The second thing Jesus wanted us to understand is this: we really don't want God to give us what we've got coming. We think we ought to get good things from God because we see ourselves as being good persons who deserve God's smiles, His blessings, and eternal gratitude. From God's perspective, that's bunk. God's perfection means He sees us as slaves who have disobeyed divine instructions, who have broken His commands. God sees us as taxi drivers who want to choose the destination; as waitresses who think they know what ought to be served. No, we don't want God to give us what we've got coming. What we've got coming is nasty. Listen to Jesus. He says, "The Son of Man will send His angels, and they will gather out of His kingdom all causes of sin and all law-breakers, and throw them into the fiery furnace. In that place there will be weeping and gnashing of teeth" (Matthew 13: 41-42). That's what we've got coming, and we don't want it.

Which takes Jesus to the last thing He wanted His disciples to know. It's probably the most amazing thing you'll ever hear. That wonderful thing is this: Your heavenly Father doesn't want to give you what you've got coming either. If a person spends just a moment thinking about this gracious quality of God, they'll find it quite unbelievable. So that He didn't have to give us what we've got coming, the Lord sent His Son into the world to save us, to rescue us, to move us from the sinners we were to the saved saints He wants us to be. To that end, Jesus lived His entire life. So we might not get what we've got coming, Jesus fulfilled the commandments we have broken; He resisted every temptation Satan threw at Him and when things became painful, Jesus didn't complain about how the innocent was being punished for the guilty. Wonder of wonders, Jesus did His duty and performed the work which gives eternal life. Jesus got what He didn't deserve so we might receive what we haven't earned.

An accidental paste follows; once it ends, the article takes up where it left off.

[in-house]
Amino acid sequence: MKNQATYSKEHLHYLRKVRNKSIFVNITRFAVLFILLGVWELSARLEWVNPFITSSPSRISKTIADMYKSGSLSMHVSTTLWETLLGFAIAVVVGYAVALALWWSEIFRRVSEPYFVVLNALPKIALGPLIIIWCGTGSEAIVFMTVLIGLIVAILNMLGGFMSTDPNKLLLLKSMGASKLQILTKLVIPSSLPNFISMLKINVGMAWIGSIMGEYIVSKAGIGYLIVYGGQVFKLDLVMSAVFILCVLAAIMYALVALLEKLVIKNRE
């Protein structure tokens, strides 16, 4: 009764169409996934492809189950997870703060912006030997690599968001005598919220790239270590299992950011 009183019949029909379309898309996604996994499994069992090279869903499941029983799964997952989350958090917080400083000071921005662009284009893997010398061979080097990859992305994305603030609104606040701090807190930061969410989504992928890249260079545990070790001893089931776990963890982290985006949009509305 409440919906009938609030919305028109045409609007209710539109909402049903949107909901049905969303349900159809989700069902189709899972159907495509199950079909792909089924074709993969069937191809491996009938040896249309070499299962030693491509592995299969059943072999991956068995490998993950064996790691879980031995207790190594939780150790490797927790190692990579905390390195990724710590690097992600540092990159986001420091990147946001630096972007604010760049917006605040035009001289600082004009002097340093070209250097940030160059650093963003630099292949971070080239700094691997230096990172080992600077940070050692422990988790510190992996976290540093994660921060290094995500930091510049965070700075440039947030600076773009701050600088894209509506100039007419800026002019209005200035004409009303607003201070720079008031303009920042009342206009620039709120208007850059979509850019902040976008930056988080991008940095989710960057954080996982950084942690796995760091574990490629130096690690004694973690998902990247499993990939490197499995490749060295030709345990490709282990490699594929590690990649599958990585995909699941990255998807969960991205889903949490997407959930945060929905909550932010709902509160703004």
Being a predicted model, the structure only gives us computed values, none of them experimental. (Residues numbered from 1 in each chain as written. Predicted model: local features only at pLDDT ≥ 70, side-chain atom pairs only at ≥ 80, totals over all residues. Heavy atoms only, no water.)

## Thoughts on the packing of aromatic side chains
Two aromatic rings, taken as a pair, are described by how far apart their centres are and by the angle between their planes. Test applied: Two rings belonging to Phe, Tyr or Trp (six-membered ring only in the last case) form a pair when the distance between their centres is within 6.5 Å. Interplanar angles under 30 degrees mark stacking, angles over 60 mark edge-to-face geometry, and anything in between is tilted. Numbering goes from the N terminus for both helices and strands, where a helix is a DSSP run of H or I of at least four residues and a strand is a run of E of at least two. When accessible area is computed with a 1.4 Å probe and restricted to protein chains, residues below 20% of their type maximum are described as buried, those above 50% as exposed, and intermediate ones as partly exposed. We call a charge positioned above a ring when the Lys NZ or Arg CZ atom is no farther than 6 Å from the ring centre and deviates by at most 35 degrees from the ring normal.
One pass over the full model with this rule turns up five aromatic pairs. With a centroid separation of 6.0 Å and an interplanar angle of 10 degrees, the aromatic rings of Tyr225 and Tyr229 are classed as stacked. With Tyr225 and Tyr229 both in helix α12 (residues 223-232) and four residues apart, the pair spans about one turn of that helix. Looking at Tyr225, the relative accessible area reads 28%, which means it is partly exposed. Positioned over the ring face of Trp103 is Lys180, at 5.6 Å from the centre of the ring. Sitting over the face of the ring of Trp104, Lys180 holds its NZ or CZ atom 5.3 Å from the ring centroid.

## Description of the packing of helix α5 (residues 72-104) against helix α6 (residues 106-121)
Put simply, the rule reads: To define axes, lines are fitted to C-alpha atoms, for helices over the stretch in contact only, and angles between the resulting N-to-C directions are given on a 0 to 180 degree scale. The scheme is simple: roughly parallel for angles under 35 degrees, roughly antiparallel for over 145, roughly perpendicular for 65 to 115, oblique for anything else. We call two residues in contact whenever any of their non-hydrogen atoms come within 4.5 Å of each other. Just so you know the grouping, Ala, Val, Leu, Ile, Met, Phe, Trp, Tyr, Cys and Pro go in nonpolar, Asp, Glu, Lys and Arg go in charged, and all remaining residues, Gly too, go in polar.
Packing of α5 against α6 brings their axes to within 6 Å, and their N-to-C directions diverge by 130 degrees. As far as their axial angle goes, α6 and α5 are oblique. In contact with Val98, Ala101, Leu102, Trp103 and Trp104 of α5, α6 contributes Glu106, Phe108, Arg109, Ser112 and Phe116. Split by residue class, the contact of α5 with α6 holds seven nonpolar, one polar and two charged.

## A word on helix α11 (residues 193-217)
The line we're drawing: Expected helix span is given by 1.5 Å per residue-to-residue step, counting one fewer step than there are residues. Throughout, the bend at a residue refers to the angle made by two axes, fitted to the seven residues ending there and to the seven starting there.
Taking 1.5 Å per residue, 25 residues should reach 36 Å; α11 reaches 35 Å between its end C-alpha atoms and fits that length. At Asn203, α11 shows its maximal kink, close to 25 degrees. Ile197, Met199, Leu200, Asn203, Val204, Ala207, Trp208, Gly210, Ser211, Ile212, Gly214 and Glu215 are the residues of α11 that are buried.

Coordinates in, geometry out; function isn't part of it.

As I said, what Jesus did is amazing. Let me ask: what would you do with a taxi driver who refused to listen to you; who refused to take you where you wanted to go? You might complain to the police; you might file a report with his company. You'd never ride with that cab driver again. In contrast to what we would do, look what Jesus did. He showed the Father's love, even when He was hated for the showing. He came as the Son of God but many said He was of the devil. Jesus said He was the "Way;" but the world maintained there were many ways. Jesus said He was the "Light," but the world preferred the darkness. Jesus said He was "Truth" and people labeled Him a liar. He came to save humanity from sin, but the world remained stuck in its transgression. Jesus reached out to the lost, the lonely, the demonic, the despairing, the damned, and they slammed nails into His hands and placed Him on a cross to die. It wasn't fair, but Jesus got what He didn't deserve so we might receive what we haven't earned.

It's amazing. Listen, this is a little gross but, if you saw a waitress spit in your food before she served it to you, what would you do? You might report her to her manager; you might call the health department. I doubt if you'd ever go back to that restaurant again. In contrast to what we would do, look at what Jesus did. Humanity didn't spit in Jesus' food; they spit in His face. When that happened, Jesus didn't complain; He didn't file a report. He didn't think it unfair when old friends tried to throw Him off a cliff; or when His disciples deserted Him; or when a friend betrayed Him with a kiss. He didn't bail on us when false witnesses lied about Him; when they beat Him; when they whipped Him; when they crucified Him. God's Son was declared guilty so we, on Judgment Day might be found innocent. Jesus died alone so we might live for eternity in heaven. Jesus carried the sins He never committed so we might be free from their burden, from their condemnation. He rose from the dead so we might be assured that we who were condemned to die might live forever. Jesus got what He didn't deserve so we might receive what we haven't earned.